I’ve already mentioned the many things that made 2016 one of the worst years in a long time—and I didn’t even mention the Cleveland Indians losing the World Series. If you’re like me, music has always been a salvation. One can either lose oneself in visceral energy or somehow ease one’s one pain by listening to similar sentiments expressed in song. I certainly did plenty of both, though admittedly after November 8, it was probably more of the latter. Anyway, they say great suffering breeds great art, so I expect some pretty incredible records in the coming years. As it was, this year wasn’t shabby, and I also enjoyed great nights of live music that provided the perfect escape. Here were the things that made my year less shitty.
Top 10 of 2016
10. Emma Pollock, In Search of Harperfield (Chemikal Underground Records)
Emma Pollock’s latest album bridges the gap between the lilting songs of 2010’s The Law of Large Numbers and the majestic nature of her work as a member of The Delgados. The opening “Cannot Keep a Secret” starts simply with a smattering of voices and twinkling tones before building to a crescendo as Pollock commands, “Somebody hold me back.” Fortunately, she is unrestrained throughout In Search of Harperfield. She imbues the album with an emotional intensity regardless of whether she is traipsing across lush backings of strings (“Clemency,” “Intermission”) or is simply matched to a rugged guitar line (“Vacant Stare”). Somewhere in between is “Parks and Recreation,” the record’s lead single which combines lyrical quirks with decidedly pop tones for a song on par with her old outfit’s best. The rest of the album exhibits a restless creativity that highlights Pollock’s gifts as both a songwriter and singer.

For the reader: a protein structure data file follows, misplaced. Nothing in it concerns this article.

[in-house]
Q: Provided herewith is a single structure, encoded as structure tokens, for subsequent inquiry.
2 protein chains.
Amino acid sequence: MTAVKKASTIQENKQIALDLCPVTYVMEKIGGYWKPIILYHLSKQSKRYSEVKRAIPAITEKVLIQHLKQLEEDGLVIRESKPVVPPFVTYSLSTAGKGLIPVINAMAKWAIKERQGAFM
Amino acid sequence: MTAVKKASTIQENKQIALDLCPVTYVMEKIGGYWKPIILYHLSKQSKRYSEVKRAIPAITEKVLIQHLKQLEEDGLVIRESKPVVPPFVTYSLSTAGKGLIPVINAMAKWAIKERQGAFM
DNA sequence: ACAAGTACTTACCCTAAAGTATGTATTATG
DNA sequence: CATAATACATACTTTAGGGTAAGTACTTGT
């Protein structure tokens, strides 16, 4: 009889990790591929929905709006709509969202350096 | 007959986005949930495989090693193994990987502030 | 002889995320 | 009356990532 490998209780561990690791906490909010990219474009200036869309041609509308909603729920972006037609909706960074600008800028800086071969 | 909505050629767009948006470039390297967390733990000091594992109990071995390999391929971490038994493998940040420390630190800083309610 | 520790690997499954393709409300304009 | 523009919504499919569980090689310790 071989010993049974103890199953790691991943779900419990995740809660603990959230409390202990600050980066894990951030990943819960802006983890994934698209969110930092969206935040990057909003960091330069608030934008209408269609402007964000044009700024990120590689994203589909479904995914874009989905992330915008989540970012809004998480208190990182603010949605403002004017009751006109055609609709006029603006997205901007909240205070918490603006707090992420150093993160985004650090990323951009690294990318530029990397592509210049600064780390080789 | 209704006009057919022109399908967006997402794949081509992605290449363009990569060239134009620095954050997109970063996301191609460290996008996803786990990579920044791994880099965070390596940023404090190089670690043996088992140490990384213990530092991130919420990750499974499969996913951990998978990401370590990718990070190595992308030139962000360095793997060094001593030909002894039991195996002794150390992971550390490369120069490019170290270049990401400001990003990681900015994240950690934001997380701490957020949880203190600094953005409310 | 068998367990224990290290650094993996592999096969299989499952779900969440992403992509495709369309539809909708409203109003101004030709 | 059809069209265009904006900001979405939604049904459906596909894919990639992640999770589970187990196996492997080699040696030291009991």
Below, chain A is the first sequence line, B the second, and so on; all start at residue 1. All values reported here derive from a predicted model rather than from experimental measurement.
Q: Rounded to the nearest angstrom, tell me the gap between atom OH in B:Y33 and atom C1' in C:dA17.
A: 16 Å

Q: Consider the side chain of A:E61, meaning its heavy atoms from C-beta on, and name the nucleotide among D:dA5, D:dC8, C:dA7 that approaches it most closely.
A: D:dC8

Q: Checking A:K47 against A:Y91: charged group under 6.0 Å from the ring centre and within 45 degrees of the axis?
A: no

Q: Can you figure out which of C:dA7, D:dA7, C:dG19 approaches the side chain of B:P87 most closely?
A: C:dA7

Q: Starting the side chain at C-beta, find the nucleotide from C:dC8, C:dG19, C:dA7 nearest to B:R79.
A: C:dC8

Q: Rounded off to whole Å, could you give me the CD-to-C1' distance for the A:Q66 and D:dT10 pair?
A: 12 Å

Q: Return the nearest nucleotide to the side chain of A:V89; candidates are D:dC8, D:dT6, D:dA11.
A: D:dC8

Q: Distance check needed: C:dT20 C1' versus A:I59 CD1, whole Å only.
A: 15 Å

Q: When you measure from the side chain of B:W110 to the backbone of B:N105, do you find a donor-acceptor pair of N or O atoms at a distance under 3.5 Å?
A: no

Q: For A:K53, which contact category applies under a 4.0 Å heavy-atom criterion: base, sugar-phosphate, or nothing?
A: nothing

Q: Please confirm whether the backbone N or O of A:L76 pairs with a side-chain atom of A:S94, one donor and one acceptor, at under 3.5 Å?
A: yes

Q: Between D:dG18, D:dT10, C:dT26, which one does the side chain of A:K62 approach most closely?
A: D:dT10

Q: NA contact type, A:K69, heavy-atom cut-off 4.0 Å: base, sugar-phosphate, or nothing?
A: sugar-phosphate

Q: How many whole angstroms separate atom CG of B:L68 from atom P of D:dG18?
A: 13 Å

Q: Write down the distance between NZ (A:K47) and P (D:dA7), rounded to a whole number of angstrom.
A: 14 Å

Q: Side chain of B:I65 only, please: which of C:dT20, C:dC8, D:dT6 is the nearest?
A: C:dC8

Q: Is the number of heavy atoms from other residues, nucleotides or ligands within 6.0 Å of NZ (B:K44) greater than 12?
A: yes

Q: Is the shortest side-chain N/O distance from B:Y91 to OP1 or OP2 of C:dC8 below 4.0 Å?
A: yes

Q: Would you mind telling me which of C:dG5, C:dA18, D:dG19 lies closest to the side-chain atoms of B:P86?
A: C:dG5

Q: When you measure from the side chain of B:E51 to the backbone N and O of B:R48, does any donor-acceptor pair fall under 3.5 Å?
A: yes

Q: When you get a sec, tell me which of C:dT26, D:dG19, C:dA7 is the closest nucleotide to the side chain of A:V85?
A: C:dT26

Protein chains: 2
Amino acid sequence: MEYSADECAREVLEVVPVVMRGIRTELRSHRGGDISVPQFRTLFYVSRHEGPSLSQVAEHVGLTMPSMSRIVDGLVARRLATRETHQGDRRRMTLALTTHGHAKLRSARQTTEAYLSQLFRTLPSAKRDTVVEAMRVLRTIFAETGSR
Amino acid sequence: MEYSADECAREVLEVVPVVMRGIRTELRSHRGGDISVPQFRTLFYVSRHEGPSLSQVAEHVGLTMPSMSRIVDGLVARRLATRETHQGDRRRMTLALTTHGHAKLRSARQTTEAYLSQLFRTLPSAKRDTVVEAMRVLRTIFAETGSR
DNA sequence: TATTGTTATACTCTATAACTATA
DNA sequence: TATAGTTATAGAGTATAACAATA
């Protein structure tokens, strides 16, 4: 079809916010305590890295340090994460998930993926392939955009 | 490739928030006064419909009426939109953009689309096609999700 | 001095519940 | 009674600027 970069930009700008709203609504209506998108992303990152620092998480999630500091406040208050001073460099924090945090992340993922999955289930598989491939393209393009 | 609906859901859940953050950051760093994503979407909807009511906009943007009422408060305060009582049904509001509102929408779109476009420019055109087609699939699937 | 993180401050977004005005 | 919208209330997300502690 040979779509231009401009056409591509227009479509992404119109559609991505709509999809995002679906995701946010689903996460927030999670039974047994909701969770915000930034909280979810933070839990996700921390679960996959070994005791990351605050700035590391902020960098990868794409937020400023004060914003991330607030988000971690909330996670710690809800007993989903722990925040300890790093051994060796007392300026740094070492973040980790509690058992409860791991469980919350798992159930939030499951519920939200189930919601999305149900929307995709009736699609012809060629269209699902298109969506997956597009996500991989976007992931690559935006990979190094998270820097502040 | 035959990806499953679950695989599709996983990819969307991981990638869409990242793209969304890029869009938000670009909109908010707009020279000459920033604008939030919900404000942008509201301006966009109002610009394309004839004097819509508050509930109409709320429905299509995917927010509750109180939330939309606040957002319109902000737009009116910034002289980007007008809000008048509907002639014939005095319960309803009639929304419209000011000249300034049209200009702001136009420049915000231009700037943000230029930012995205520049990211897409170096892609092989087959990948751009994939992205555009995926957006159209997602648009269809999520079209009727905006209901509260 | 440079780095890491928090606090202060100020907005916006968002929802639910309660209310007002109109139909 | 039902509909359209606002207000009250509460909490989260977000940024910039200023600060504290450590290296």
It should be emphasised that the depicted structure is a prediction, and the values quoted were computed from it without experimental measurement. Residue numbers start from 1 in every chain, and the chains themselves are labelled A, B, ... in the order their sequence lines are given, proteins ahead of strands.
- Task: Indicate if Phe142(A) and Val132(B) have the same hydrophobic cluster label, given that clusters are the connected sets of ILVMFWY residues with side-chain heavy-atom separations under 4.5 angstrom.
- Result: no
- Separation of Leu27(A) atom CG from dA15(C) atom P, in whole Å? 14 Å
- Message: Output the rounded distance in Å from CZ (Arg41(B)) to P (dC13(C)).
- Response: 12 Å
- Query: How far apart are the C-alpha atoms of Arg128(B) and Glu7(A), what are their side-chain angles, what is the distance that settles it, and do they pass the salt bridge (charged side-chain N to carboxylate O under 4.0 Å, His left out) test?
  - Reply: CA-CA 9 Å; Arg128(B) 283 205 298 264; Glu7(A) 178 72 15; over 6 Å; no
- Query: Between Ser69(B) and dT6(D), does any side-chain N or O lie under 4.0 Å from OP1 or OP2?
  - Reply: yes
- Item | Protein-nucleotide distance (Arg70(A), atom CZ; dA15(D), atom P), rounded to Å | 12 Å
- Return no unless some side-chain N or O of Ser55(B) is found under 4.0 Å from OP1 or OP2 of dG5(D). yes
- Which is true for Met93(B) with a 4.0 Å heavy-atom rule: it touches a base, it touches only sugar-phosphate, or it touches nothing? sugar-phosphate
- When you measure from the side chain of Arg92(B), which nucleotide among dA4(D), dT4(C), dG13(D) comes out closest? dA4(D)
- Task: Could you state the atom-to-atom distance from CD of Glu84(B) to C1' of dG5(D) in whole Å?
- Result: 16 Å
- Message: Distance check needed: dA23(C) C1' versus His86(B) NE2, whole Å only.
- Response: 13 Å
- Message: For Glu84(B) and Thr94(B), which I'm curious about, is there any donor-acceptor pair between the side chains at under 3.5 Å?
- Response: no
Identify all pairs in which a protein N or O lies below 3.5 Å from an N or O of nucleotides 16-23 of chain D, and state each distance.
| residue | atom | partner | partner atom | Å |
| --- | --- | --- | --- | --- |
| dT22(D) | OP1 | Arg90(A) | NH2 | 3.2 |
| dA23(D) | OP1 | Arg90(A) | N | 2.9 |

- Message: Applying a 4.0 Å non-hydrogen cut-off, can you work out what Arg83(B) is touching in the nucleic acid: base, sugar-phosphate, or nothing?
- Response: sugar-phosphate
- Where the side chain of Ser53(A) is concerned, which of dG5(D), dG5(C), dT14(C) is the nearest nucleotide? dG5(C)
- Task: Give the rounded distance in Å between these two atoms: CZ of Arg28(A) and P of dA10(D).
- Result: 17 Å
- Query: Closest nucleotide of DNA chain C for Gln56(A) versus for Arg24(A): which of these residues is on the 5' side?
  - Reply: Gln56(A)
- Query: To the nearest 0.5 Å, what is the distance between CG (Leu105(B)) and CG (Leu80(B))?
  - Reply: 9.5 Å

9. Various Artists, Still in a Dream: A Story of Shoegaze 1988–1995 (Cherry Red Records)